Tamari is a type of Japanese soy sauce made from fermented soybeans using a special fungus and brine. Tamari sauce is thicker and darker than other soy sauces and contains little or no wheat, which makes it a suitable condiment for people trying to avoid gluten.
In terms of flavor, tamari sauce has a richer and more savory taste than soy sauce and is used to season and add rich brown color to stir-fries, soups, noodles, meat dishes, and sauces. At this point you might wonder, what if I don’t have tamari on hand? Is there something I can use instead?
So, what’s the best tamari substitute? Soy sauce is the best substitute for tamari sauce. Although soy sauce isn’t gluten-free, it has a similar umami flavor to tamari sauce. If you can’t find soy sauce, use liquid aminos, miso paste, coconut aminos, fish sauce, balsamic vinegar, or hoisin sauce to substitute tamari sauce in recipes.
Several condiments have similar consistency, flavor, and coloring properties as tamari sauce. Keep reading to discover the best substitutes for tamari soy sauce.
What Is Tamari?
Tamari is a type of Japanese soy sauce, known as shoyu. It’s one of the three popular types of Japanese-style soy sauce made from fermented soybeans, using a special fungus (koji) and brine (moromi).
Tamari is usually made as a by-product of miso paste, made from soybeans, water, salt, koji, and moromi. Like traditional soy sauce, tamari goes through fermentation, but as opposed to soy sauce, little or no wheat is added to tamari sauce.
Tamari sauce is darker and has a stronger umami flavor than most other soy sauces. It also contains little or no wheat. Most tamari sauces are wheat-free, which makes them suitable for people following a gluten-free diet.
Are Tamari and Soy Sauce the Same?
Tamari is a Japanese version of the more popular Chinese soy sauce. Both tamari and soy sauce are used to season and add color to stir-fries, soups, noodles, and meat-based dishes.
These two sauces are made from fermented soybeans and have a strong, salty umami flavor. Chinese soy sauce is saltier and has a thinner consistency, while tamari has a mellower flavor and a thick consistency.
6 Best Tamari Substitutes
There are several ingredients you can use instead of tamari sauce to achieve a similar flavor in recipes. The best tamari substitutes are:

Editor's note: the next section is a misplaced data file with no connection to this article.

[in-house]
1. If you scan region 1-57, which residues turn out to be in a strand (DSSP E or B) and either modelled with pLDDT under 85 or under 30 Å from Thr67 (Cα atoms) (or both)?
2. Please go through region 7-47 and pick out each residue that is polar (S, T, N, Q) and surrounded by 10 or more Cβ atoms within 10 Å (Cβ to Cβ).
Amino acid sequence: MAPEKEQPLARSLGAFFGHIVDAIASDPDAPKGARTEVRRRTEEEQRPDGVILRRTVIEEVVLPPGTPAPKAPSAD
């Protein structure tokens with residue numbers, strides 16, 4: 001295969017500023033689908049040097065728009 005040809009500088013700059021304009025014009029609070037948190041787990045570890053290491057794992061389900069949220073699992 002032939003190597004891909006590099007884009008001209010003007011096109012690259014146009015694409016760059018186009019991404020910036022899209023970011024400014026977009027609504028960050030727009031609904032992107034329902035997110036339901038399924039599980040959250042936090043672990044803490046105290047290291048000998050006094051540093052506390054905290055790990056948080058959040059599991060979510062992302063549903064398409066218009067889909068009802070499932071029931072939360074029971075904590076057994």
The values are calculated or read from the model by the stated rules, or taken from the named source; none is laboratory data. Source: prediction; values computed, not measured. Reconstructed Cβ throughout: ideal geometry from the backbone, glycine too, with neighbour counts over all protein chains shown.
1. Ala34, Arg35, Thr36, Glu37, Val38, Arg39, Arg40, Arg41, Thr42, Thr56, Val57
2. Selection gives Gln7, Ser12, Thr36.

1. Soy Sauce
The best substitute for tamari sauce is soy sauce. Soy sauce is a Chinese-style sauce made from fermented soybeans, wheat, and salt.
Like tamari, soy sauce adds umami flavor to dishes and has a similar consistency and color. The only downside of soy sauce is that it contains wheat, which makes it unsuitable for people on a gluten-free diet.
Substitute soy sauce for tamari at a 1:1 ratio when cooking stir-fries, soups, sauces, or noodles.
2. Liquid Aminos
Liquid aminos is a cooking seasoning that has a similar taste and flavor to soy sauce. It can be made from coconut sap or soybeans and is naturally gluten-free and vegan.
Liquid aminos taste similar to tamari sauce and have a mild, less salty, and slightly sweet flavor. Replace ½ teaspoon of liquid aminos with every one teaspoon of tamari sauce called for in the recipe.
3. Coconut Aminos
Coconut aminos is made from the sap or nectar of the coconut tree palm. This dark and thin sauce is used as a condiment in cooking and is suitable for people with gluten allergies or sensitivities.
Coconut aminos taste similar to soy sauce and have a salty umami flavor with a hint of sweetness. Use coconut aminos as a 1:1 substitute for tamari sauce to add flavor to stews and stir-fried dishes.
4. Miso Paste
Miso paste is made by fermenting soybeans with salt and koji and sometimes rice or barley. This traditional Japanese seasoning is used to add a salty, nutty, and slightly sweet flavor to soups, stews, sauces, and dressings.
Miso paste has a thicker consistency than tamari sauce, so use it as a substitute in soups, stews, and sauces.
5. Fish Sauce
Fish sauce is made from fermented fish or krill. The flavor of this popular condiment varies depending on the type of fish used.
Fish sauce has a salty and rich flavor, and a thin, watery consistency. Unlike tamari sauce, fish sauce has a distinctive fish smell that pairs well with seafood and fish dishes.
6. Worcestershire Sauce
Invented in England, Worcestershire sauce is a commonly used liquid condiment made from vinegar, molasses, anchovies, tamarind extract, chili pepper extract, sugar, salt, garlic, and other ingredients. Worcestershire sauce has a rich brown color and a strong umami flavor with a hint of spice and sweetness.
Substitute Worcestershire sauce for tamari at a 1:1 ratio in stir-fries, dipping sauces, marinades, noodles, and rice dishes.
Can I Replace Tamari with Soy Sauce?
Yes, you can substitute tamari with soy sauce in a 1:1 ratio. Tamari and soy sauce have a similar consistency and color and add umami flavor to noodles, stir-fries, and meat dishes.
The biggest difference between these two sauces is that tamari is gluten-free and safe for people with celiac disease, while soy sauce is made with wheat and contains gluten.
Tamari sauce is a popular liquid condiment used to add an umami flavor and rich brown color to dishes. Unlike Chinese soy sauce, tamari is made without wheat and is suitable for people following a gluten-free diet.
Tamari sauce is readily available in most supermarkets, but if you can’t find it in the local store there are several liquid condiments you can use instead. Soy sauce is the best substitute for tamari sauce as it has a similar salty and umami flavor.
However, you can also use liquid aminos, coconut aminos, fish sauce, miso paste, Worcestershire sauce, hoisin sauce, or balsamic vinegar when you’re in a pinch.